Kishali Pinto Jayawardena
In contrast to Colombo’s largely polarized sound and fury on the Counter-Terror Bill, it is refreshing to look at the manner in which South Africa has dealt with uncannily similar dilemmas of balancing national security imperatives and constitutional rights in bringing its counter-terror law into effect more than a decade ago.
Shared legacies of horrific state violence
There are indeed, much in common between South Africa and Sri Lanka in shared histories of horrific state violence. We have similar legacies of over-broad national security/emergency regimes that replaced the criminal procedure law and gave state agents the literal power of life and death over citizens across racial and ethnic lines. In more recent times, there are great similarities in dysfunctional state processes of both countries when the law is translated from theory to practice. This is important to recognise as this is why good legal provisions falter in the practically subversive context of state impunity unchecked by the Constitution. Indeed, this is the signal difference in contrast to functional Rule of Law countries, even if we are to recognise the retreat of the liberal rights culture in those countries as they face the brutality of global terrorism.
That said, there are notable differences between the two nations. As a senior legal practitioner and a celebrated South African rights advocate elaborated for my benefit in a measured discussion in Johannesburg a few days ago, South Africa’s Constitutional Court has proved itself to be a formidable bulwark against state repression. Even in tense economic times and uncertain political turbulence similar to what Sri Lankans face, it is a matter for pride that the South African Court has stood firm above the frantic winds of popular and political pressure.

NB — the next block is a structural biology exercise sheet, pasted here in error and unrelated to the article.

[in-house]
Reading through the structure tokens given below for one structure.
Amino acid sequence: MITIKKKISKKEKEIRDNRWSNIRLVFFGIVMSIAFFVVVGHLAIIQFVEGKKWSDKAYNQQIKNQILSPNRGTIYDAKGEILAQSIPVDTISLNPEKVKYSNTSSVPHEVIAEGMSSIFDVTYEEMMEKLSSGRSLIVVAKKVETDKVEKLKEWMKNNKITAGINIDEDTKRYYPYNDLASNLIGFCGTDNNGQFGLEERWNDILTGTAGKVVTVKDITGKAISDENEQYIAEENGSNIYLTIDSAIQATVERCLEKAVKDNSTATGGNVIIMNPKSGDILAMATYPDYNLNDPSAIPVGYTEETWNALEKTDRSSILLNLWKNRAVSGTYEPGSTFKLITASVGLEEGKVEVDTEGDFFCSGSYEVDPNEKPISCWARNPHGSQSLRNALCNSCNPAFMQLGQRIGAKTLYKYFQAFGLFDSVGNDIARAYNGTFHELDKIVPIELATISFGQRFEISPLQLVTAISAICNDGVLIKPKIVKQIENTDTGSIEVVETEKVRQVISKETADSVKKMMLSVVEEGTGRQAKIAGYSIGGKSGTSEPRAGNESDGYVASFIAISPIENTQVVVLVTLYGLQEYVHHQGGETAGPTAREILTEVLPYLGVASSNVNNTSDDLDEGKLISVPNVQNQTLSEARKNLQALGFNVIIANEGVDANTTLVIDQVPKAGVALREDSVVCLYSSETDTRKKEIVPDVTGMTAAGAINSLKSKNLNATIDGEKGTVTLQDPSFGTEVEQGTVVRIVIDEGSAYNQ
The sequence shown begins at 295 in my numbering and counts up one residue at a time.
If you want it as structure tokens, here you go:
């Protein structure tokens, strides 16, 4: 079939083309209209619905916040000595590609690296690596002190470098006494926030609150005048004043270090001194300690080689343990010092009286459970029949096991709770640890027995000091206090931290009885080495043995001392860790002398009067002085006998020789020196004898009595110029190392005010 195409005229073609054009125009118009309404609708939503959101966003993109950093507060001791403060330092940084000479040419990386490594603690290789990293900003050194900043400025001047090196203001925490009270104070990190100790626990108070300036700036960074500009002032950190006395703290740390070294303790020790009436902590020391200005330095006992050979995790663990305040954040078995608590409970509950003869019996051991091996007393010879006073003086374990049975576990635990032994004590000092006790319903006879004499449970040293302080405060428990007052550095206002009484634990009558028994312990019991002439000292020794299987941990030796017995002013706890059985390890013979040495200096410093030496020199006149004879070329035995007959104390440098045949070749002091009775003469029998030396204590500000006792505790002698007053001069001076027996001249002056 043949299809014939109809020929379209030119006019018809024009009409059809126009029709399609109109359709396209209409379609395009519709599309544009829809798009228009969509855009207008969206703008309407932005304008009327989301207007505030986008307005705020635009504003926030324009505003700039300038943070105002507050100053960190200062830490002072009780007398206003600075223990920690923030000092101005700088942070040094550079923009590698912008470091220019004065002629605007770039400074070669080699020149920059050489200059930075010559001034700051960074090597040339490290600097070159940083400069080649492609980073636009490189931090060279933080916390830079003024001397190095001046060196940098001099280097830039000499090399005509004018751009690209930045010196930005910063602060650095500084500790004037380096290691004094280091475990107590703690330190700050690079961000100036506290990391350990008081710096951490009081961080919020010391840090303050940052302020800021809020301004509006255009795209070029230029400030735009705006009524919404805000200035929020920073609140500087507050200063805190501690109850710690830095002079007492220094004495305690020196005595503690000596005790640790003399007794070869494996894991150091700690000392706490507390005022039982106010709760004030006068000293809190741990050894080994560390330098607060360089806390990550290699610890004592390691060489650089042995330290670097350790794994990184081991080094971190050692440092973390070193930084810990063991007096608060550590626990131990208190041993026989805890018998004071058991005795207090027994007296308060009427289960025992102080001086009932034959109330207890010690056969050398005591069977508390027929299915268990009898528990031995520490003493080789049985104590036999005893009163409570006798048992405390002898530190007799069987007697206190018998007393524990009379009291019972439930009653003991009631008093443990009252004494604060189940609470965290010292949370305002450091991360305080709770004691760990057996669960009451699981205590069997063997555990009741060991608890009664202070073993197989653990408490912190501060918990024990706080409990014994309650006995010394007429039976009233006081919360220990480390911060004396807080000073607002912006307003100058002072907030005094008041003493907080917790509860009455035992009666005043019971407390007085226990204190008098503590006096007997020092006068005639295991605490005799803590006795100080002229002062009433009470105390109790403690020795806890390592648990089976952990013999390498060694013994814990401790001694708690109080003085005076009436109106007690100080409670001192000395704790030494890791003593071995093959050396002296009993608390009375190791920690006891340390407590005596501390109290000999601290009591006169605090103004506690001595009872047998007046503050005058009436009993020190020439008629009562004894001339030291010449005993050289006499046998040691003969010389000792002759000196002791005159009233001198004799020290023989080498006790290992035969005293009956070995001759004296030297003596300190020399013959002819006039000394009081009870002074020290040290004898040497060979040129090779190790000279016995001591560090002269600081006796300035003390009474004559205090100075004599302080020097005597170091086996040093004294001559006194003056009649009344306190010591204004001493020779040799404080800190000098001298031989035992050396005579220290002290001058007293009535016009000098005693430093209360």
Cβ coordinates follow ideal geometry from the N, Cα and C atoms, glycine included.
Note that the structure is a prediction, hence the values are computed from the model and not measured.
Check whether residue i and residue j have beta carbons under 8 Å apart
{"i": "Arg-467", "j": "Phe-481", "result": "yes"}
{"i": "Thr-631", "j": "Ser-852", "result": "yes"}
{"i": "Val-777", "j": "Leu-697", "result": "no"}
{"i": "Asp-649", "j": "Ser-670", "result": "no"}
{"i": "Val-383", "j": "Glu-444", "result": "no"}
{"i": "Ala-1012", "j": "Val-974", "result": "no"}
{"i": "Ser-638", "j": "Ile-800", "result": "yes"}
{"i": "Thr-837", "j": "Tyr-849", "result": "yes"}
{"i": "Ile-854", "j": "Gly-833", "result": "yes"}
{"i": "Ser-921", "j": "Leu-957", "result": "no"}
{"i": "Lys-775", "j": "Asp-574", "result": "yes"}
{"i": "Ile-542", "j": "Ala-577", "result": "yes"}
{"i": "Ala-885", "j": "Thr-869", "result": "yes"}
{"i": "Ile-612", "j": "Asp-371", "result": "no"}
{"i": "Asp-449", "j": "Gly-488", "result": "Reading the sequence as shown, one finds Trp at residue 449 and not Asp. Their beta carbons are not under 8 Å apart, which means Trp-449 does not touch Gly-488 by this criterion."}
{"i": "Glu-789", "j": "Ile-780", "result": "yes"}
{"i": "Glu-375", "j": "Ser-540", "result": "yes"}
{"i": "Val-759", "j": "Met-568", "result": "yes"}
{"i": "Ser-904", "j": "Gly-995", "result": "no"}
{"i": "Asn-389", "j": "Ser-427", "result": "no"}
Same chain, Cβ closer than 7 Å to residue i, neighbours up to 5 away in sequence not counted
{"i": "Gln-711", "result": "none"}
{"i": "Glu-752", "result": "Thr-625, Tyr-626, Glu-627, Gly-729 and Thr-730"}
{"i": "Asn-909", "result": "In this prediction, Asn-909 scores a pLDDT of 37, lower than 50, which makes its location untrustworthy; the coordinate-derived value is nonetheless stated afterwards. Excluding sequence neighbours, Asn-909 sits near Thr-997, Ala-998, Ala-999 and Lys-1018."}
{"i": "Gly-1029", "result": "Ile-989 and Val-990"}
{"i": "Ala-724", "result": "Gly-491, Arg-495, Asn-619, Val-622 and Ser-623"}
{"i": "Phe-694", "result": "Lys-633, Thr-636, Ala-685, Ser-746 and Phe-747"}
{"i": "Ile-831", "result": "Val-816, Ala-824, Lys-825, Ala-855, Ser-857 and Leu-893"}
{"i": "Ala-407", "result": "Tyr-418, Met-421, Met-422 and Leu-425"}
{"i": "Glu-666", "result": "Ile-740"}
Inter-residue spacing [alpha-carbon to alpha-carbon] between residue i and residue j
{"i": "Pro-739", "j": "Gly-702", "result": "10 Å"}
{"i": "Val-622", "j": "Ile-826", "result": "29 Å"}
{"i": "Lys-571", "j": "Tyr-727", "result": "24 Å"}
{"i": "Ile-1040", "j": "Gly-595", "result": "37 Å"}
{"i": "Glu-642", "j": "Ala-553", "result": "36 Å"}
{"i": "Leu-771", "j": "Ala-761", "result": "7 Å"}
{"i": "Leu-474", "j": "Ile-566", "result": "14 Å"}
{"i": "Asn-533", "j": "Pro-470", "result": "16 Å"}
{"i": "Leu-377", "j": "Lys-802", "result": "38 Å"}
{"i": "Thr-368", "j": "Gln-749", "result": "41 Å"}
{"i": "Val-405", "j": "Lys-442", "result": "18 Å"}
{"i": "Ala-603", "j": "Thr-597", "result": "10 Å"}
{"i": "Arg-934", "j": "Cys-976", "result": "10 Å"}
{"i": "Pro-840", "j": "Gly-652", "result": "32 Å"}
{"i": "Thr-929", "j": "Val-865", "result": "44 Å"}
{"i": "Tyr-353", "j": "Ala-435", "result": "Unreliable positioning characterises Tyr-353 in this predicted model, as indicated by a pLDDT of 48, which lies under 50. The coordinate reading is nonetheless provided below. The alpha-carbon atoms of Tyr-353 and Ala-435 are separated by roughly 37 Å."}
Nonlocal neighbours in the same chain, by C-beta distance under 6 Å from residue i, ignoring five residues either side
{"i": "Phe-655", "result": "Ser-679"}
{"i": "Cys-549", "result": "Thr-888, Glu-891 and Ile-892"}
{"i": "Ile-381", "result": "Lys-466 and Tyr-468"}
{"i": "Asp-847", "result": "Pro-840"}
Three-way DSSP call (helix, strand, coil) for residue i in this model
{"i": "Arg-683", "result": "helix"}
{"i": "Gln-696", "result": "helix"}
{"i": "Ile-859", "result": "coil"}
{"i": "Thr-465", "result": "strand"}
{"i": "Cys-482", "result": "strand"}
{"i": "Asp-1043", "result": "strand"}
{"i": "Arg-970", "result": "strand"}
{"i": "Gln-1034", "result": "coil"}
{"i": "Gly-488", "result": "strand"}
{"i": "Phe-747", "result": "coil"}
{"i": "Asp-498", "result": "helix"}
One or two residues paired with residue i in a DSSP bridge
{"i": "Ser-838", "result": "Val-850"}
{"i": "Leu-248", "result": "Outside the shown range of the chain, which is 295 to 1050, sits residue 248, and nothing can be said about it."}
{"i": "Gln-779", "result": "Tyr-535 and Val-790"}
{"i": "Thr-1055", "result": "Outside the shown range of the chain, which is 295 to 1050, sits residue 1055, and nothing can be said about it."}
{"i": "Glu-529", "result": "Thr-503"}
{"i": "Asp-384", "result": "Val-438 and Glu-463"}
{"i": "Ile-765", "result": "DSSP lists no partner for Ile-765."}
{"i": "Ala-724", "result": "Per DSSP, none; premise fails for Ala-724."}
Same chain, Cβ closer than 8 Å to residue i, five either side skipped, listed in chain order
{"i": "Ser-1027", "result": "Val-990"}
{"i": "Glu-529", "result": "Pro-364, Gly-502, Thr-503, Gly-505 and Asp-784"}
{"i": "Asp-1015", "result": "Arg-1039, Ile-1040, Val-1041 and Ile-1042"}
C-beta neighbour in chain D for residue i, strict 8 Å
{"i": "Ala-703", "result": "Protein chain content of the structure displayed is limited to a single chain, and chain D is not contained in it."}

Most importantly, it has unflinchingly refused to accept the dictate of the State in pleading national security to shield state action contrary to the Rule of Law. That is not something that we see frequently here. Our Supreme Court, even in the best of times and with the best of judges a decade or two ago, was not quite able to emulate that judicial fortitude. Now, that has got significantly worse.
A crisper and more conceptually sound law
Nonetheless and despite this one singular difference regarding the tried and tested strength of the Court, Sri Lanka may benefit from looking to South Africa to understand its counter-terror law as well as the process by which it came into being. We may learn from these experiences even as we labour over the difficult balance to be struck between the protection of national security and safeguarding constitutional freedoms, rather than ‘copy cat’ Western legal models, which too many ‘analysts’ are carelessly fond of doing in this country.
In substance, South Africa’s Act is far crisper and far more conceptually sound than Sri Lanka’s bulky and unfortunately repetitive Counter Terror Bill now before Parliament. The South African version does not provide for administrative detention at the whim and fancy of the state authority. This resistance to arbitrary detention without proper charges being framed comes from bitter experiences of political and police brutality under the apartheid regime. Its definition of what constitutes a terrorist act is far narrower than the meandering definitions in Sri Lanka’s Bill which includes not only the primary offence but a bewildering range of associated offences that gives too much leeway to law enforcement and prosecutorial agencies.